Due to the research Candyce Ihnot studied while developing the Read Naturally program, the Read Naturally stories are read slowly to provide students the opportunity to learn to read the words accurately and ultimately more fluently.
It is during the modeling step that the students make sound-symbol connections and actually learn the words in the story. If the stories were read at a normal speaking rate, students would not be able to read along with the recording and thus would not build word recognition and accuracy.
Once the students have learned to accurately read the words during the read along step, they build fluency by reading the passage many times during the practice step.
Read Naturally passages were rerecorded in 2011, and the third reading was done at an expressive rate. The passages were read at the following rates:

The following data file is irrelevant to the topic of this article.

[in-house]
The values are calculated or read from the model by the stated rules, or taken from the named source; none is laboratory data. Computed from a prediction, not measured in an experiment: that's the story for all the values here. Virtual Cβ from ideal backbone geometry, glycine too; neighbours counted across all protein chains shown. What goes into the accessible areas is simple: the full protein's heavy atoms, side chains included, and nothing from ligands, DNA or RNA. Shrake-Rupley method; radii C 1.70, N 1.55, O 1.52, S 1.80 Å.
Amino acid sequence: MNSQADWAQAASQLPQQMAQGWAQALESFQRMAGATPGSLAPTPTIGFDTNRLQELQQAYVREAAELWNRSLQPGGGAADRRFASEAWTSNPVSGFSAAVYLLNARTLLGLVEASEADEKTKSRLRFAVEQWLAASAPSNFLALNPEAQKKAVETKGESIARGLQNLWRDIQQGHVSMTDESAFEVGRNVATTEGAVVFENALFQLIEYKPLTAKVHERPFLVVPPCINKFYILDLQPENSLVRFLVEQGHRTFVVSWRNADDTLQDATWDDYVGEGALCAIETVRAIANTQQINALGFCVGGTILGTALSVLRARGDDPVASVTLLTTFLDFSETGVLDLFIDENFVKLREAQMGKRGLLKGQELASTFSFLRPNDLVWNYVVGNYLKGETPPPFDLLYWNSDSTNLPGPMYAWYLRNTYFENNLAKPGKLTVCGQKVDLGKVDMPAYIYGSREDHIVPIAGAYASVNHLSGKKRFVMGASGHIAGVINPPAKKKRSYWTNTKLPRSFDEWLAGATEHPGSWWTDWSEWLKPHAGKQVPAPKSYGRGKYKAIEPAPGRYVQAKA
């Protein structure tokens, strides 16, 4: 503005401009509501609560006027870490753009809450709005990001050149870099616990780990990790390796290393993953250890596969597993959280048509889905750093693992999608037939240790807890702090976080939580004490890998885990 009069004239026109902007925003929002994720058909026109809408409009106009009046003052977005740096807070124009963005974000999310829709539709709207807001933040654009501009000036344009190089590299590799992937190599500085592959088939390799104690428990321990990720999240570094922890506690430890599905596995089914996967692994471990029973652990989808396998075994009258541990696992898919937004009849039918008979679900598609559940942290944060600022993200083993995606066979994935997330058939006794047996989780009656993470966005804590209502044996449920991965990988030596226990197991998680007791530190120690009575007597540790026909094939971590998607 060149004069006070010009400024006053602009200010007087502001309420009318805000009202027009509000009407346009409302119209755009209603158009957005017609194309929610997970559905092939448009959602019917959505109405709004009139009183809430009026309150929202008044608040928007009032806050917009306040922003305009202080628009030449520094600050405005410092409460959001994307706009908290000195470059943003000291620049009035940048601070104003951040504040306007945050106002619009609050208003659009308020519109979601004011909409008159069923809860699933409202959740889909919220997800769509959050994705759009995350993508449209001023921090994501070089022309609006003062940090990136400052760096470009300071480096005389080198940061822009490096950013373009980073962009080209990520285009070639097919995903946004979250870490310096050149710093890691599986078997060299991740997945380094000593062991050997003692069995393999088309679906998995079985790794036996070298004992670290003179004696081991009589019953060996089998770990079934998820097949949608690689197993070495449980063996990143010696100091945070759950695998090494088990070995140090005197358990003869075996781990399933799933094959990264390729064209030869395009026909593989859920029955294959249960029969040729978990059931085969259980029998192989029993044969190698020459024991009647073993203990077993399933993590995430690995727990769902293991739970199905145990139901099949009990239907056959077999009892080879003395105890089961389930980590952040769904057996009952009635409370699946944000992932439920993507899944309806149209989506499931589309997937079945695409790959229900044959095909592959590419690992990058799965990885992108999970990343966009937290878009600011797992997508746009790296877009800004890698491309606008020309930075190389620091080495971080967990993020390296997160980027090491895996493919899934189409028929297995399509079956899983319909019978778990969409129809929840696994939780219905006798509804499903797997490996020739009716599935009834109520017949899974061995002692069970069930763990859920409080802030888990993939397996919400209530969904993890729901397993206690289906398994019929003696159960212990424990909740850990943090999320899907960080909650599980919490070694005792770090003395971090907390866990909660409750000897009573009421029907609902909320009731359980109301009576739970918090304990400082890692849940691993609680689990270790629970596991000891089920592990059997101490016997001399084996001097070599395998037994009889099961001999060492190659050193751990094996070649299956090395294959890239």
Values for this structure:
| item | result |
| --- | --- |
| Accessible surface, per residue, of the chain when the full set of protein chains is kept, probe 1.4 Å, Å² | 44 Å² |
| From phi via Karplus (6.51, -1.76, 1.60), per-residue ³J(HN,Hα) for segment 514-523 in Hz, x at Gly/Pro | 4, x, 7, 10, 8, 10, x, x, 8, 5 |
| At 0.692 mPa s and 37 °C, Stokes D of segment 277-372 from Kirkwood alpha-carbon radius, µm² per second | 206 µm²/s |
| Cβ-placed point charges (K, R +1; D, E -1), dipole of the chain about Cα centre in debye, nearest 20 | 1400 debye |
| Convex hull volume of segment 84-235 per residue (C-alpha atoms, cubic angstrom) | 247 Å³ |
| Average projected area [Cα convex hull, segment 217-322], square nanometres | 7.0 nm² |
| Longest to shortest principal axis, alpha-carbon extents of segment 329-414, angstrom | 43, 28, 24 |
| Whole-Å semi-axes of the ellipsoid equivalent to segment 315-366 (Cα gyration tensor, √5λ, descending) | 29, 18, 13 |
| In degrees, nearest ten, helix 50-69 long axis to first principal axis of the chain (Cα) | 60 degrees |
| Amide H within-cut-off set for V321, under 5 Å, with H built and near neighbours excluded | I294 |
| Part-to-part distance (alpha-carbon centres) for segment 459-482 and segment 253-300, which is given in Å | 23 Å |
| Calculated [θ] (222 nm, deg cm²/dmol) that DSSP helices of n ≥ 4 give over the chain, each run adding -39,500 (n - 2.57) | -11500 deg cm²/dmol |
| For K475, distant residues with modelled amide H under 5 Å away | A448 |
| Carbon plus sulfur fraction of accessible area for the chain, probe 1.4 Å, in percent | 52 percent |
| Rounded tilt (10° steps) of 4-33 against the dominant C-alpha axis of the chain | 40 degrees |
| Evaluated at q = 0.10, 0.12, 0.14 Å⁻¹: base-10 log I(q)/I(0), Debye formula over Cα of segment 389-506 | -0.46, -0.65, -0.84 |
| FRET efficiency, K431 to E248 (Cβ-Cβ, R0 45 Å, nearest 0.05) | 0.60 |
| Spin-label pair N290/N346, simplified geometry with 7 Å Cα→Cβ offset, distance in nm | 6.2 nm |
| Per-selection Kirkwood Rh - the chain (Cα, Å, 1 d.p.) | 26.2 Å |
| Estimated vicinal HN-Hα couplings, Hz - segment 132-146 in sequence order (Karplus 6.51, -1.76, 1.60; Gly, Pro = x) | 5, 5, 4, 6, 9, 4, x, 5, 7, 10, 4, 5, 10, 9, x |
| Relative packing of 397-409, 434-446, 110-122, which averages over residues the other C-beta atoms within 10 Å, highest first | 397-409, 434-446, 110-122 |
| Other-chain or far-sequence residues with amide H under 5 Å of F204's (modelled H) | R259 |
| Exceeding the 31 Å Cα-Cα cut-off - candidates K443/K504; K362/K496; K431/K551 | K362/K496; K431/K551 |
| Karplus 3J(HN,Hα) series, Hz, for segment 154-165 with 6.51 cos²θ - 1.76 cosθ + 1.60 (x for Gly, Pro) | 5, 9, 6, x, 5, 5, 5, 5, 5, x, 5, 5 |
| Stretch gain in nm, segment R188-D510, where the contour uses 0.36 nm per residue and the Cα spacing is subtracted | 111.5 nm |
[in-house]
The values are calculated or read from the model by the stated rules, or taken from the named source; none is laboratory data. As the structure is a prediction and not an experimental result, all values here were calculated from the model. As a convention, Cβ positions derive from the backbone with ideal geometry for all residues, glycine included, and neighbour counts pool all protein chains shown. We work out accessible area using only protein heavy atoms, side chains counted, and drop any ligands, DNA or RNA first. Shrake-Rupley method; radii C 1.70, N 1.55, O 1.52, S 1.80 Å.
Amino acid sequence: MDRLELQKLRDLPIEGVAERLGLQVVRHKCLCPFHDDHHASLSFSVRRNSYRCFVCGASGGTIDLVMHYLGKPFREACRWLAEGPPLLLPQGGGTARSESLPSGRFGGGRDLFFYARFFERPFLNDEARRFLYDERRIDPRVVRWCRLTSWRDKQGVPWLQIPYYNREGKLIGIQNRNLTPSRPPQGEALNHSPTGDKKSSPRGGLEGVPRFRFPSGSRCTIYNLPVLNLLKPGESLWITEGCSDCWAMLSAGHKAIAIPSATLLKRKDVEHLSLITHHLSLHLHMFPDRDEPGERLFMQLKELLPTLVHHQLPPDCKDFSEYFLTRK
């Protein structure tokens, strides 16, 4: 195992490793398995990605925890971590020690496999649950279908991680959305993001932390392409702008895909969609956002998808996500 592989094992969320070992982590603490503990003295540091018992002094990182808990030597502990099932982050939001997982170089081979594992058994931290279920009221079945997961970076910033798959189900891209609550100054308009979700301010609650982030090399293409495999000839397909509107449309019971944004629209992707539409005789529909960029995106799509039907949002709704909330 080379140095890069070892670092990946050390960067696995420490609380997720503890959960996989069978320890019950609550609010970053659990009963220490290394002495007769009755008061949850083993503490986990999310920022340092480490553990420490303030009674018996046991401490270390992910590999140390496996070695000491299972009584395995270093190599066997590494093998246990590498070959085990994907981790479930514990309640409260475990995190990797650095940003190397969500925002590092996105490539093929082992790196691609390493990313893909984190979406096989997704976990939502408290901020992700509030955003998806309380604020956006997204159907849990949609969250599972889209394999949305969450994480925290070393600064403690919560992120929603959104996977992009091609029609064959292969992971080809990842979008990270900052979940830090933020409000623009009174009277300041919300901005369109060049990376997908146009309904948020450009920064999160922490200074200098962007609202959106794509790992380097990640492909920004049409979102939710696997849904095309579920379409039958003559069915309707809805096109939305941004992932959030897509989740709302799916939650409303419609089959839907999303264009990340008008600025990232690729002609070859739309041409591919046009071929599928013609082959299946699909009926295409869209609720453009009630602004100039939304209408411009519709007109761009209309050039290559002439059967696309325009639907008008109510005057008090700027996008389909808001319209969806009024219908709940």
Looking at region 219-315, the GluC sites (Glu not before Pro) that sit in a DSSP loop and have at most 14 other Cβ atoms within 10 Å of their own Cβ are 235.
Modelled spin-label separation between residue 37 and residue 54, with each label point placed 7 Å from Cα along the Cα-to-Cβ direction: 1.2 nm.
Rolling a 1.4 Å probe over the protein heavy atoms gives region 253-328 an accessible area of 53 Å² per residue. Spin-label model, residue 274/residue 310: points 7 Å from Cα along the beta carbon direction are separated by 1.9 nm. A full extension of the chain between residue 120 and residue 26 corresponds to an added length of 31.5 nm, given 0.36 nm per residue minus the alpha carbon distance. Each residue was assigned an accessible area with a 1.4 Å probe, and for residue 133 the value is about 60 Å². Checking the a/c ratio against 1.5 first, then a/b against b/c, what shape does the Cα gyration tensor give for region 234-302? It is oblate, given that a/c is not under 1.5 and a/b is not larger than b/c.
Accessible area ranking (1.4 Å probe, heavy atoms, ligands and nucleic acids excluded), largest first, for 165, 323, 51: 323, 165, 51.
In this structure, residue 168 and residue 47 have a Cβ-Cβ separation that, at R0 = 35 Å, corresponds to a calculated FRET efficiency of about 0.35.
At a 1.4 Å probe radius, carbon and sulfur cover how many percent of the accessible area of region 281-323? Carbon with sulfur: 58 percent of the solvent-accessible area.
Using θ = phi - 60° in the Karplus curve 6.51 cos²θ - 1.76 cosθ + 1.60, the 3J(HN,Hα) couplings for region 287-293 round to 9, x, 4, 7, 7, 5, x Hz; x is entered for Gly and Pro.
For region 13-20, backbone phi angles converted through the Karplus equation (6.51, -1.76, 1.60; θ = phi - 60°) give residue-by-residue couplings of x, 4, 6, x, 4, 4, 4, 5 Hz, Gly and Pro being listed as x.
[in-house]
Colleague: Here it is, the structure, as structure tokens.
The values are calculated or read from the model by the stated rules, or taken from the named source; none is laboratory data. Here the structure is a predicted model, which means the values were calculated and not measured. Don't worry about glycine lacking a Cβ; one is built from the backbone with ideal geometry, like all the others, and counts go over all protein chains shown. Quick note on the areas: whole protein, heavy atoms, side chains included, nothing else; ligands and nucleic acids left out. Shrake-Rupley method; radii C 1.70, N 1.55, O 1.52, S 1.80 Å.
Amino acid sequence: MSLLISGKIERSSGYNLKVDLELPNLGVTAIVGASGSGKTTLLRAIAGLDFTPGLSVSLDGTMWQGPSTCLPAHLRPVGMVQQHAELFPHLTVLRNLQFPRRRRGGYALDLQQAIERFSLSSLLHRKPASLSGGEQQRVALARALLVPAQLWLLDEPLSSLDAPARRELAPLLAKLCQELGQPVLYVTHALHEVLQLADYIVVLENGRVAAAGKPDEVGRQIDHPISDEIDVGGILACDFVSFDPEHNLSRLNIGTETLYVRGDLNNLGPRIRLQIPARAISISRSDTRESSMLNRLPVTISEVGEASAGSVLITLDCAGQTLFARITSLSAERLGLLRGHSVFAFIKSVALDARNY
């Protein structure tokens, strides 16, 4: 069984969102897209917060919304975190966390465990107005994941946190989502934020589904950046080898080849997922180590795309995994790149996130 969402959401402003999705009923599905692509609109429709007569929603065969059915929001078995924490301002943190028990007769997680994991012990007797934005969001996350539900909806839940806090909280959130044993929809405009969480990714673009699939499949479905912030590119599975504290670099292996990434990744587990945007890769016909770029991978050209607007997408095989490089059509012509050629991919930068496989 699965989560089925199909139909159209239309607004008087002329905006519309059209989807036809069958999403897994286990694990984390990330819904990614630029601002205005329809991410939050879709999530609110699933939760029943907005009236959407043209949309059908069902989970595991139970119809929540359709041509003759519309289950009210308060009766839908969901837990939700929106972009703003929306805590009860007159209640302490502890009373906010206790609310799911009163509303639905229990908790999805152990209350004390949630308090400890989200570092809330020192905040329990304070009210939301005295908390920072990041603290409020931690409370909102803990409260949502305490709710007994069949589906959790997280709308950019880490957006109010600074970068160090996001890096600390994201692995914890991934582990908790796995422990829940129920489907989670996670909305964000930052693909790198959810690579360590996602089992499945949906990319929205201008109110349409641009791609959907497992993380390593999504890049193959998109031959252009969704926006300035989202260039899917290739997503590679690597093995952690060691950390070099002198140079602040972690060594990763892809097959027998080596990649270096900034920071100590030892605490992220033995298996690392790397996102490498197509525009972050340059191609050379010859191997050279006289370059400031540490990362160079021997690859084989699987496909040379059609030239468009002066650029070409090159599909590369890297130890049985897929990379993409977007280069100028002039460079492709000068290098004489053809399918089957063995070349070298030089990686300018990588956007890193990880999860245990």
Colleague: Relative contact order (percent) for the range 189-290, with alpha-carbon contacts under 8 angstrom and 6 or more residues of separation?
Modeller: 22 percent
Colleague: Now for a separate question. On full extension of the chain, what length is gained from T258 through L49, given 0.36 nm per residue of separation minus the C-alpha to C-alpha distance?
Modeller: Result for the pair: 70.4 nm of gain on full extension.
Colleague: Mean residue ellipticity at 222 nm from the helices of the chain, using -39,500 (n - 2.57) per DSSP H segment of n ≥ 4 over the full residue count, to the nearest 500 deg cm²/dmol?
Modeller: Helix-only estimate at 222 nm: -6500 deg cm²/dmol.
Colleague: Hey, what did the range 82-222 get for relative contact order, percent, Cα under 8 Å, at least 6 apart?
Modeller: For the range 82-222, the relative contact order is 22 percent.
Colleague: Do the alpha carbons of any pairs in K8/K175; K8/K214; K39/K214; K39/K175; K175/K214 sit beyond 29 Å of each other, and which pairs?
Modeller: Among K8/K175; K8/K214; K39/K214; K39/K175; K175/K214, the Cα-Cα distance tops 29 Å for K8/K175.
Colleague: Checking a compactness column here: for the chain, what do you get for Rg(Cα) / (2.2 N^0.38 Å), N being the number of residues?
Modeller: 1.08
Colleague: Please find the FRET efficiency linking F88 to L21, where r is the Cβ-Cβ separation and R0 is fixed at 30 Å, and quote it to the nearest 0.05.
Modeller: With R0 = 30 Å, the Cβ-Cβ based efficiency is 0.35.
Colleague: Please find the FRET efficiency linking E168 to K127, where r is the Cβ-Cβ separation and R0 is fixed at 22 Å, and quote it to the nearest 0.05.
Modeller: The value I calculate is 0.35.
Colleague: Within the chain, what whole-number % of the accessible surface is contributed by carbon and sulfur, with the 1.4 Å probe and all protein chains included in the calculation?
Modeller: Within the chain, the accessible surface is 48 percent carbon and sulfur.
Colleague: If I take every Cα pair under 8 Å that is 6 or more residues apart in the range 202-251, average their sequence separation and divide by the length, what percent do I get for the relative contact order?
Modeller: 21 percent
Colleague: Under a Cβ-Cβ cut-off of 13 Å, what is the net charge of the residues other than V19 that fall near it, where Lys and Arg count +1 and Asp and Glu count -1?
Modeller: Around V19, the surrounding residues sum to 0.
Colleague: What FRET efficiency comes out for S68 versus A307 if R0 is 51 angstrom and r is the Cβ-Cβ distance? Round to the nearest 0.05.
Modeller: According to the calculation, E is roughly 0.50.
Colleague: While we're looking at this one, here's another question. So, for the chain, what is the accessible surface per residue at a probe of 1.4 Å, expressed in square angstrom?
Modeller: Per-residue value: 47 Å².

|6.0, 7.0, 8.0||105-115|
The passages are recorded at a pace at which developing readers are able to actually read along during the teacher modeling step. Christopher Skinner, a reading development researcher, has done two studies confirming the value of the slower modeling found in the Read Naturally recordings.
In 1993, Skinner, Adamson, et al. found that slower rates of modeled reading resulted in lower error rates when compared to baseline data (study published in the Journal of Learning Disabilities in 1993).
In a study published in the Journal of Applied Behavior Analysis in 1997, Skinner, Cooper, and Cole found that the accuracy of students’ reading was better after slower modeled reading than after faster modeled reading. The slower rates of modeled reading in the study were between 44 and 66 words per minute. These reading rates are actually slower than the rates used on the Read Naturally recordings.
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